Reporting back from WeNet’s Final Event at HHAI

On June 26, WeNet organised its final event in the form of a workshop within the 2nd International Conference on Hybrid Human Artificial Intelligence (HHAI 2023), in Munich, Germany: a perfect match to the project’s focus and the aim of the envisioned workshop, seeking to promote richer and deeper social interactions by enabling the Internet of Us, our envisioned Hybrid Human-Artificial Intelligence online platform.

Based on this core theme, the WeNet workshop, entitled “Diversity-Aware Hybrid Human-Artificial Intelligence (DHHAI)”, was structured as a series of discussions revolving around the multidisciplinary contributions received by the organising partners in response to the call for papers connected to the final event, which explored the key subject from a variety of angles.

In the words of WeNet’s Project Coordinator Fausto Giunchiglia (University of Trento), summing up the event: “The DHHAI workshop featured 11 papers covering various aspects related to the role played by human diversity in hybrid human-machine interactions and machine-mediated social interactions. It was a unique possibility to critically rethink and discuss the main results of the WeNet project. Furthermore, the co-location with the HHAI Conference provided the best possible environment, with interested participants and the possibility to have discussions about AI and its future in general”.

Papers and related presentations can be downloaded from our official DHHAI page

All accepted papers have been published as part of the HHAI workshop proceedings, and, in addition, extended versions of the selected papers have been invited to a special issue of AI Communications, The European Journal on AI, which will revolve around the same theme as the workshop. For more details on the special issue, please visit the dedicated page.

Snapshots from the DHHAI WeNet event

Assessing the results and preparing for the future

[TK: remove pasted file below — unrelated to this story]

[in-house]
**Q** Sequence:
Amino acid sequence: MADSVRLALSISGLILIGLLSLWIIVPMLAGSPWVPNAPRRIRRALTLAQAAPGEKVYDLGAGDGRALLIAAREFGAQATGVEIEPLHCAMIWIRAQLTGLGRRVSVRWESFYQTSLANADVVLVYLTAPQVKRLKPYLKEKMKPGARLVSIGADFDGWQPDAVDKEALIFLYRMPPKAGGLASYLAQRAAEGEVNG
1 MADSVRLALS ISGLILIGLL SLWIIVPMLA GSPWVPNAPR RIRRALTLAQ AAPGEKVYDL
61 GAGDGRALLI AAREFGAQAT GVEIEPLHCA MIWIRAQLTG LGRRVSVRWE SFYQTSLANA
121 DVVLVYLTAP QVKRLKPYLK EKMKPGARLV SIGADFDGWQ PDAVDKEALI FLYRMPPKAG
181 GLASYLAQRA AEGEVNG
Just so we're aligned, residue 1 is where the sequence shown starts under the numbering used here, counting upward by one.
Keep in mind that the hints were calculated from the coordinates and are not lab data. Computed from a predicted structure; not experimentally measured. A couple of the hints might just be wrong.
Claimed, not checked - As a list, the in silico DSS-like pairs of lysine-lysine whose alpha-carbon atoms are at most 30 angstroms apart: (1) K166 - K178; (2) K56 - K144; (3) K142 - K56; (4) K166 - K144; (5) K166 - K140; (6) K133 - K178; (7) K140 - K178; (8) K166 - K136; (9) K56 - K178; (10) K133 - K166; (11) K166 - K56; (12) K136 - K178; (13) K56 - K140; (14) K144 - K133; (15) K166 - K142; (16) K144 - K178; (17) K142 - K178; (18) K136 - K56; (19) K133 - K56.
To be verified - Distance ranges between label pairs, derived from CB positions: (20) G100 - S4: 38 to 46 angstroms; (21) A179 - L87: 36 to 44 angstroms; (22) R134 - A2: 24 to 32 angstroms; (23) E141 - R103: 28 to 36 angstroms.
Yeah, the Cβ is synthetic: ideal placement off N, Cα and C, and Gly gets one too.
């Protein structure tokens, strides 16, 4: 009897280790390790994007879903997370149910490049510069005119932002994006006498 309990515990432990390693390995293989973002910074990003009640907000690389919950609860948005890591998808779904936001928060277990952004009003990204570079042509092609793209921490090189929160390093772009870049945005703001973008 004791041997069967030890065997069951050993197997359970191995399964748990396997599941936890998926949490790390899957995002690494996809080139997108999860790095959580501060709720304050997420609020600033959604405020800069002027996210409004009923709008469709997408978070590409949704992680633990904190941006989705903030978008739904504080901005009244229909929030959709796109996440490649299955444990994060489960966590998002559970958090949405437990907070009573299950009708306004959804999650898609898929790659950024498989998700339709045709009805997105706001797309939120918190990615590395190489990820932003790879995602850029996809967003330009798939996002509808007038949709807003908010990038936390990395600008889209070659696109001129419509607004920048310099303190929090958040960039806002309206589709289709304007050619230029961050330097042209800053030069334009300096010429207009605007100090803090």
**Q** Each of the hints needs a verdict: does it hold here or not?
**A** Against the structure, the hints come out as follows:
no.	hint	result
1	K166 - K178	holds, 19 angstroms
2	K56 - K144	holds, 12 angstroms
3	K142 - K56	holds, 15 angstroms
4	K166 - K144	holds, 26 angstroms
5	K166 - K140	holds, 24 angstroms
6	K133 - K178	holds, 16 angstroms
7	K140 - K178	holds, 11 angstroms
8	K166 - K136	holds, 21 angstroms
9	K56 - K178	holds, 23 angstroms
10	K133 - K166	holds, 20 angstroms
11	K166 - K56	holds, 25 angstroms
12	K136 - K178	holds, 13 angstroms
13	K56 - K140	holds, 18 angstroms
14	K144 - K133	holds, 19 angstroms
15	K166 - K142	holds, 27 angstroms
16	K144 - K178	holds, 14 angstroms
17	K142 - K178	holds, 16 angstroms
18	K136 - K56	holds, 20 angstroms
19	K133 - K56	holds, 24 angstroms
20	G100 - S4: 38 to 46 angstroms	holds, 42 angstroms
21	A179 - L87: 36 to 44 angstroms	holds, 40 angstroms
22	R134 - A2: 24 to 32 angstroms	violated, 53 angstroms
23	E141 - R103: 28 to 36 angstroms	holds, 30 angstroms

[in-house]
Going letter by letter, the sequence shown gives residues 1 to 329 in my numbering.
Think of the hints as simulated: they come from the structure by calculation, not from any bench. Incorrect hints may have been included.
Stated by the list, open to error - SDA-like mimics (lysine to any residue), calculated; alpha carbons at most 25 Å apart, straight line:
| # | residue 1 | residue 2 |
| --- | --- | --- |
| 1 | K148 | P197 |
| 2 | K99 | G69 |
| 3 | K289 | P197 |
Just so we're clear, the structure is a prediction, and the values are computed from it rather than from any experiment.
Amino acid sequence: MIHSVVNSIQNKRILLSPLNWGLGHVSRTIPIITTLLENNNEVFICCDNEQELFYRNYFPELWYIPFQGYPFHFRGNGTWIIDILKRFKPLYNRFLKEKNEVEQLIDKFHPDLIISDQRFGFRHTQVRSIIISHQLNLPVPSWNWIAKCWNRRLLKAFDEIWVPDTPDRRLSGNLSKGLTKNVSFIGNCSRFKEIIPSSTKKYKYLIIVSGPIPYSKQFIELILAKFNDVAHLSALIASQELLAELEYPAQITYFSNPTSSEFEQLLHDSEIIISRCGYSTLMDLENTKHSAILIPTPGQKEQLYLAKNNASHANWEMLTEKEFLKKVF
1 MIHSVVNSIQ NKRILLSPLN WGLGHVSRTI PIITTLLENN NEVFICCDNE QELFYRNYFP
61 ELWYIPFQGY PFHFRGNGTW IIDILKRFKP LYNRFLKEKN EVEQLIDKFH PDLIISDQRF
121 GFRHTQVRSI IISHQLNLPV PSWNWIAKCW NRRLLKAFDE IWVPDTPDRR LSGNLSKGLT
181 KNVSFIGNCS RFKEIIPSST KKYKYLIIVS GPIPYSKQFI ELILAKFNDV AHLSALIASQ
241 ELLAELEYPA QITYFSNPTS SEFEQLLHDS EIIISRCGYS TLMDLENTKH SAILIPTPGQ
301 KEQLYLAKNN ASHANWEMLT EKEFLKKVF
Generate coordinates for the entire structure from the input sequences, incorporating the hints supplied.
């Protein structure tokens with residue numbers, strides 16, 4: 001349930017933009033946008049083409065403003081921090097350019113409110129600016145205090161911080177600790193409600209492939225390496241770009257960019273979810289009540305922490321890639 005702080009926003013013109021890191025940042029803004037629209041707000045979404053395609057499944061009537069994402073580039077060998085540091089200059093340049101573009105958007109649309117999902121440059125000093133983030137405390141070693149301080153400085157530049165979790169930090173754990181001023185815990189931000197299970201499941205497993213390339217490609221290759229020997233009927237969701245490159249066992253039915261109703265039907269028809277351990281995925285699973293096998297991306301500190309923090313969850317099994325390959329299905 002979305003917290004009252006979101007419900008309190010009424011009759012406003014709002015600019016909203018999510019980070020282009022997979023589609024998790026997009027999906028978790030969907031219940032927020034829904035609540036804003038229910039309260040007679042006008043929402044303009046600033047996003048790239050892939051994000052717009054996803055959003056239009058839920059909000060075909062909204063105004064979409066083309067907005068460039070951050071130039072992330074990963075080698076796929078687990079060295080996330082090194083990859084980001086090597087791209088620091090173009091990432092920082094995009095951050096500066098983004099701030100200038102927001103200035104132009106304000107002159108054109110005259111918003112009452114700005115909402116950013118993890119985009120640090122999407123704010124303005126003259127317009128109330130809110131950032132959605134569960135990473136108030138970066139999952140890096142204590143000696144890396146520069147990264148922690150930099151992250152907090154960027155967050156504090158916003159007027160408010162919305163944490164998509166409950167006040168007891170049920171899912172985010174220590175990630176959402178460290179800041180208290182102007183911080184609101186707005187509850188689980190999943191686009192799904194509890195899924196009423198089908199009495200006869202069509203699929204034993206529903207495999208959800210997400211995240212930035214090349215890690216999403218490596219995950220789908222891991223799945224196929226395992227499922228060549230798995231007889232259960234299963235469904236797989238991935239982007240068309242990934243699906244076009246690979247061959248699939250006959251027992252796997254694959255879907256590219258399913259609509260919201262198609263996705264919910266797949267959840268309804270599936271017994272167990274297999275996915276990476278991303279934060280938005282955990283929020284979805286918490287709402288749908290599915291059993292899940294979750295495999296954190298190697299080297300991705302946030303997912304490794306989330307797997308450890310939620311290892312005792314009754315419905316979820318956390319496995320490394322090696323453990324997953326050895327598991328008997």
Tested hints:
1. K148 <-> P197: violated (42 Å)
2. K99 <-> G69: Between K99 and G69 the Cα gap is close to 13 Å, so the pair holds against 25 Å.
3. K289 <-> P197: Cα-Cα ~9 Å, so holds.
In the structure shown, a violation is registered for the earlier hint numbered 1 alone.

Giunchiglia also highlighted another, non-secondary aspect of the DHHAI gathering: “An important outcome of the event was also a concrete plan for how to proceed with the research and the ongoing collaborations after the end of the project.”

This shared intent is echoed by some of the consortium members attending, while offering their take on the final event itself. “The WeNet project has been an enriching experience that utterly changed my outlook on ethics in computer science and technology development,” stated Laura Schelenz (University of Tübingen), who elaborates: “The final event again has underlined the importance of including ethics in all design and governance considerations but also emphasized the great potential of using new methods in computer science to connect humans in different ways. Bringing ethics and innovative technological methods together will remain a challenge for this decade, but we will continue the work based on the foundation that WeNet has laid.”

Amalia de Götzen (Aalborg University), reflecting on WeNet from the design for services and data sovereignty standpoint: “Among our different lines of research, we explore how technology affects the way services can be designed, delivered, and experienced and how current technologies and data practices can support the designer’s practice and complement their toolkit.” Summarising on opportunities and lessons learned, she elaborated: “Within the WeNet project we could engage directly with the users through the pilots in the different universities and raise important ethical questions that informed the application’s design developed with the consortium. Through the pilots, we got an understanding of how diversity could be used and leveraged by the machines, and we better identified what are the critical elements that should be taken into account when designing with this technology. Furthermore, we learnt how a diversity-aware system could be used to support the students in their everyday life, leveraging their diverse community to smoothly navigate a new academic context.”